Aintree University Hospital, Liverpool

A complex challenge for critical care

Work on the new, £35 million urgent care and trauma centre at the Aintree University Hospital, just outside Liverpool, is onto its final phase.

The project is transforming the hospital’s emergency and urgent care services, creating the most modern Emergency Department in the region and offering state-of-the-art facilities for patients.

Despite the scale of the programme, the hospital has to function efficiently and fully throughout the long build.

The ‘Sliding Tile’ approach

This has involved extensive enabling works: for instance, BAM created a new Post-Operative Critical Care Unit, ahead of the main works, in just 11 weeks.

BAM completed phase 1 in June 2015, demolishing part of the A&E facilities and constructing a larger section in the void. Phase 2 recently completed in summer 2016 has created facilities for a new ‘majors’, ‘minors’, trauma unit, step-down facilities, and an Acute Frailty Unit on the ground floor.

Phase 3 creates the new 24-bed Critical Care Unit.

BAM has had to re-house Ambulatory and Minors departments in temporary accommodation. The need to re-locate departments throughout the build programme because of the tight space available for construction was integral to the consultation the Trust and BAM set up, and the programme of works. Rob Bailey, BAM’s Contracts Manager, described the challenge as being like a ‘sliding tile puzzle.’

Project details

  • Customer: Aintree University Hospital
  • Architect: IBI Taylor Young
  • Project Management: Turner & Townsend

View related projects

85,000 Fact icon Patients treated in the hospital’s Emergency Department every year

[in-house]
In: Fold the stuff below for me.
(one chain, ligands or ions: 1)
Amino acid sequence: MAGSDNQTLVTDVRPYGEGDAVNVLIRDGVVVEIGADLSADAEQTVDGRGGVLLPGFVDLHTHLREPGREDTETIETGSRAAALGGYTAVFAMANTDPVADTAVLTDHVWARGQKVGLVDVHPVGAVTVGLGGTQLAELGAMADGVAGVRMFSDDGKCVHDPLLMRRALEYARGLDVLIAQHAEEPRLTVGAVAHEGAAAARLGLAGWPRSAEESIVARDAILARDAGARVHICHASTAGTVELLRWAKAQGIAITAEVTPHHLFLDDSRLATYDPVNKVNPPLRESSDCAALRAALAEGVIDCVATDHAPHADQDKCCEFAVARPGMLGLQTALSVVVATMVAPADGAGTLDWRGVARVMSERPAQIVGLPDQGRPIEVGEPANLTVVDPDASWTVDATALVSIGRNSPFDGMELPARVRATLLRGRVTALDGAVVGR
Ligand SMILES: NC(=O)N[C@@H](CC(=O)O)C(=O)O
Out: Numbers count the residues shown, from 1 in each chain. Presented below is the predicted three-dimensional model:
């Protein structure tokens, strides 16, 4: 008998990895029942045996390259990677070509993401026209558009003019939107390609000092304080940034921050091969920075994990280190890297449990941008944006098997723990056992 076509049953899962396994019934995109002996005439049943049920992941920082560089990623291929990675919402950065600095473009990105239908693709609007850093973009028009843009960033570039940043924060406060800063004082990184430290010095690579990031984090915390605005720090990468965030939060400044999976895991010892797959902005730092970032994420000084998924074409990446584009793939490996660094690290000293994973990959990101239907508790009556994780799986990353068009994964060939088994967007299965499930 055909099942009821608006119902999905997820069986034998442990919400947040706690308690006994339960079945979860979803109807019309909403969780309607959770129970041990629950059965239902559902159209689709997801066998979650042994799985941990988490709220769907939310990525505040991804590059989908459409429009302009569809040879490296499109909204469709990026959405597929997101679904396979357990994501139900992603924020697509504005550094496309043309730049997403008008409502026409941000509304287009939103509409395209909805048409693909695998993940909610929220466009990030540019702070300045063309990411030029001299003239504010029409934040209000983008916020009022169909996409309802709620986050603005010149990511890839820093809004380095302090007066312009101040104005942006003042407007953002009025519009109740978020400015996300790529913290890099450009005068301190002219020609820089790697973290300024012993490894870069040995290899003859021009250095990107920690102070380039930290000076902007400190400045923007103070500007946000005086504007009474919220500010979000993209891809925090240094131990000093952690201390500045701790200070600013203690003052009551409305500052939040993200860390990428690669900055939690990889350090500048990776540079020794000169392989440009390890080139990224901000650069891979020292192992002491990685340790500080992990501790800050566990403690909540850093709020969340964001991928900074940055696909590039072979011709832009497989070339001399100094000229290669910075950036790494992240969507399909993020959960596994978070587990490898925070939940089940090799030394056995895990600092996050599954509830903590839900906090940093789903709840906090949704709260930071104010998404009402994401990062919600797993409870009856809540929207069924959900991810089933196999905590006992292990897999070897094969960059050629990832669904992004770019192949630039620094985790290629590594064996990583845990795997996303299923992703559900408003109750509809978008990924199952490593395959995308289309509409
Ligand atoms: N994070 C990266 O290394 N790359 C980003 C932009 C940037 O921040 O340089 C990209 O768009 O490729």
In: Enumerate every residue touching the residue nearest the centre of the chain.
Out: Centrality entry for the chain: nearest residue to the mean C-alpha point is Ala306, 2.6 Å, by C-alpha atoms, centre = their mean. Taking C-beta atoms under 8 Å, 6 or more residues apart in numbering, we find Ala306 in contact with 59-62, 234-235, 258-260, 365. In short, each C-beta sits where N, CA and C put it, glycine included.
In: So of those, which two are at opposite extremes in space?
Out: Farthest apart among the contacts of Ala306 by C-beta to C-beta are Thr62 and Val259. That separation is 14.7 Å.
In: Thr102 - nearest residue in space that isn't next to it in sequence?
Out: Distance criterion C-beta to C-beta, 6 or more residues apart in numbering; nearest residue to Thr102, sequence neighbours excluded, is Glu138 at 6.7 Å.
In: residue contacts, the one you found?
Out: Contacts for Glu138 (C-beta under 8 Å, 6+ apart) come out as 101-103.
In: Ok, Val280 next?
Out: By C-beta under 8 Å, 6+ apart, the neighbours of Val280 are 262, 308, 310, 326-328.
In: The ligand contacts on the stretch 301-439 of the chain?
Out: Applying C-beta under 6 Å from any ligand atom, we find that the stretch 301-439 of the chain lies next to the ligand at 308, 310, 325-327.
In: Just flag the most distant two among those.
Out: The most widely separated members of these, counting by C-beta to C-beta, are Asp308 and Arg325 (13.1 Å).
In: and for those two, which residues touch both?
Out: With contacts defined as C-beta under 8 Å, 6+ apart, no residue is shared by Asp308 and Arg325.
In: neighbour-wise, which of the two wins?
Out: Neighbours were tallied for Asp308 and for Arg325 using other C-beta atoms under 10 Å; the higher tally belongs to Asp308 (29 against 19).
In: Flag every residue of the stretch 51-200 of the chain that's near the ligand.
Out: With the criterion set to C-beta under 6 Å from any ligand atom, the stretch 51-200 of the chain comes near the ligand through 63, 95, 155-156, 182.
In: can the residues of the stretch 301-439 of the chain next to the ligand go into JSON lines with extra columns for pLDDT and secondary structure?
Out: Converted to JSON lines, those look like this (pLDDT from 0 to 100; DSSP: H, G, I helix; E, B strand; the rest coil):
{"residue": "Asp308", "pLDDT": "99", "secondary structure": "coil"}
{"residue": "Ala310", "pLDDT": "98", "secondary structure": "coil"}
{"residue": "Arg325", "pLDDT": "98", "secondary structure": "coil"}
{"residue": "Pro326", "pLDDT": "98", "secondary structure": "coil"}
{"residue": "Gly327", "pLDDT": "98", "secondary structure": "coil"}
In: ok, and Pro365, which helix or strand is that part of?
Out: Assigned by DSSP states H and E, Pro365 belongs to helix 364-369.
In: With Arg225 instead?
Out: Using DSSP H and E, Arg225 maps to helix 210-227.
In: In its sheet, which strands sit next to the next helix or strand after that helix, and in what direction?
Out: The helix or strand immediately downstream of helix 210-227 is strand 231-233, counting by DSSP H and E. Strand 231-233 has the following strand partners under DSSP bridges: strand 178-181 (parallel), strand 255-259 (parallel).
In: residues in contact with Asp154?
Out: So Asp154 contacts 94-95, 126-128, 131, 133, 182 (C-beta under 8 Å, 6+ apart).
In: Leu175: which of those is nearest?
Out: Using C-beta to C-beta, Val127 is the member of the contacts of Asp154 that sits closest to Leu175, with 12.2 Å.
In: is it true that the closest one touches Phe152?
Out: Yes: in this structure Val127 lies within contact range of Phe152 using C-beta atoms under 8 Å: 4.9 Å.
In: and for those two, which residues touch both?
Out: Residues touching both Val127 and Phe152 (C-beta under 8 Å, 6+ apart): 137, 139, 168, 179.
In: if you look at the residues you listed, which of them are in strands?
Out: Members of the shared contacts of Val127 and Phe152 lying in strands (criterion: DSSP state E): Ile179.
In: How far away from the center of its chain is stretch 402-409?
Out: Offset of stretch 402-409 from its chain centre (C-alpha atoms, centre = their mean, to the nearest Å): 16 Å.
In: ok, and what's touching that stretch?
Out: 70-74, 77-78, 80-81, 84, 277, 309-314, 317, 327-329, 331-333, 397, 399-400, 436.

11 Fact icon Weeks to create a new Post-Operative Critical Care Unit
3,500 m2 Fact icon Extra space will be added to the hospital

Aspiration and vision

“This is a very ambitious project,” admits Steve Warburton, the Hospital’s Chief Executive. “We are aiming to ensure that we offer world-class facilities that match the care our staff provide for the most seriously ill patients.”

The new development, completes in late 2016, includes a new two-storey building for the Emergency Department, Critical Care and Cardiology Departments, plus a Fracture Clinic.

The centre has a spacious, modern design, with comfortable waiting areas. The Emergency Department will also have more diagnostic equipment to help treat the most seriously ill patients faster.

Trend spotting: towards zero harm

One especially successful aspect of this project is the accident prevention mechanism. The BAM team is actively monitoring trends: tracking apparently small issues and ‘near misses’ that could indicate deeper problems.

For example, after a couple of cases where site operatives did not wear their safety gloves, it became clear that these were stored a long way from the working areas.

Simply moving the Personal Protective Equipment (PPE) to a more central location on the project made it easier for the workforce to access them, preventing possibly serious consequences.

At a recent site visit, senior members of the Hospital Trust Board praised the BAM team for this initiative, which closely matches incident prevention procedures used by clinical staff in the Hospital.

“It was interesting to find out that we monitor and improve safety in similar ways,” confirms BAM Project Manager, Rob Bailey.

Rooted in the community

Over the course of the project, the BAM team has also been building great connections with the local community:

  • Pupils at a nearby school decorated the hoardings around the site with their artwork related to healthcare
  • A group of students from another school also visited the site to find out about construction careers, hosted by a former pupil who is now BAM’s Design Manager on the project
  • Experienced local workers have been joined on site by interns and apprentices
  • BAM has been helping out at a local bluebell wood by building a new pathway